Institute of Early Modern History

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Contested Waters. Rio de Janeiro’s Public Water Supply and the Social Structuring of the City

Project description:

The objective of the project is a social and political history of colonial and imperial Rio de Janeiro (16th to 19th centuries) along the lines of its expanding water supply. It is based on the assumption that the access to and control of water were closely related to the social and political struggles and structures in the city. Although not particularly scarce in its occurrence, due to the special geological situation, water and the water supply have always been more contested in Rio de Janeiro than in many other cities. Therefore water, with its highly transient availability but continuous relevance for all parts of society, is a topic suited to uncover important aspects of urban history, for specific situations as well as for broader developments, and ultimately for understanding how European rule in the overseas empires was constantly and extensively challenged by local circumstances. Furthermore, the project will give a response to the theoretical question about the relevance and applicability of environmental history to other fields of history, and encourage a more reflected and socially engaged thinking about some of the most pressing problems of our current world: the property, control and management of water – and harmful potential which can emanate from it.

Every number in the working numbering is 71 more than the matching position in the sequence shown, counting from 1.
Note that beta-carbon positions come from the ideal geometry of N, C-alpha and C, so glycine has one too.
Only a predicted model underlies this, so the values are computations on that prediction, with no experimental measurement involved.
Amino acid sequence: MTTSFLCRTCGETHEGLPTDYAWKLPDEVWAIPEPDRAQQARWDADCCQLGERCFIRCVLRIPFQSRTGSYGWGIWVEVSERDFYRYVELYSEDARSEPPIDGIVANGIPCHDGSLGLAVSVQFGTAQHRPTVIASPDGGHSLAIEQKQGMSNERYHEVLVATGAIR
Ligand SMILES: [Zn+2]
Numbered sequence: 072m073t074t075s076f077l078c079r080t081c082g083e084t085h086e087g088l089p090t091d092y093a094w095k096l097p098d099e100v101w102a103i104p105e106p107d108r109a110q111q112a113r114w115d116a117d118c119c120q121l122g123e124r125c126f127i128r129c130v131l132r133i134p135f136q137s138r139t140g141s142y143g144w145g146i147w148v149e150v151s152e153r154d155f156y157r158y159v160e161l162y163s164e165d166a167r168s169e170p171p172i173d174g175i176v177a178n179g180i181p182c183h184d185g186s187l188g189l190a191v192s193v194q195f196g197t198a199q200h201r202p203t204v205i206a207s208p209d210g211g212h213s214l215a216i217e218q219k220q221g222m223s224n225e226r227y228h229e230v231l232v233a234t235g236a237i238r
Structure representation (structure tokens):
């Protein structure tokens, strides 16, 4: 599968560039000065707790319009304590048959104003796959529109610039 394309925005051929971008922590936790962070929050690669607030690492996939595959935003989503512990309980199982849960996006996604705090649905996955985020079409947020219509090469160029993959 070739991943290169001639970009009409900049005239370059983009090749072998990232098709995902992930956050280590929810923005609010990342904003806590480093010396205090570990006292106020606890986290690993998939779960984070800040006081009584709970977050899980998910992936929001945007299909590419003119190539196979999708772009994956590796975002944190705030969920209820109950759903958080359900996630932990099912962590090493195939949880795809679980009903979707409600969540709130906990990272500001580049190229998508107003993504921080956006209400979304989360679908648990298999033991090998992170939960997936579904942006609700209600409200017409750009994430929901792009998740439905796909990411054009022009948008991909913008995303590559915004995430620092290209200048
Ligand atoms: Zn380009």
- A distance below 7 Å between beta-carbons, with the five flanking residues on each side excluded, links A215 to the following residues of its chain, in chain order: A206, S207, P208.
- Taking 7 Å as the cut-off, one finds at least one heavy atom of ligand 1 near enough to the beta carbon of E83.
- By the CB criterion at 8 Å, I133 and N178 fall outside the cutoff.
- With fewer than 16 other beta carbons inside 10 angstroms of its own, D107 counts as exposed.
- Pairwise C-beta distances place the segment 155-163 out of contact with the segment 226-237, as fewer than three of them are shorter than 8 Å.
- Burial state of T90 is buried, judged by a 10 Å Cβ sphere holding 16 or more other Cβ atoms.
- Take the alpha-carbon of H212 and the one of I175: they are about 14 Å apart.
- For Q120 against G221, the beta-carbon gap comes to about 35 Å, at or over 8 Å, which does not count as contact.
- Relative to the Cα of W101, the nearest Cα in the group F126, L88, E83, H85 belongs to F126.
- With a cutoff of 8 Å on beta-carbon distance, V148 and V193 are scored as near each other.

The project received funding from the Alexander von Humboldt Foundation, the European Union’s Horizon 2020 Research and Innovation Programme (Marie Sklodowska-Curie grant agreement No 659520) and the Bayerische Gleichstellungsförderung.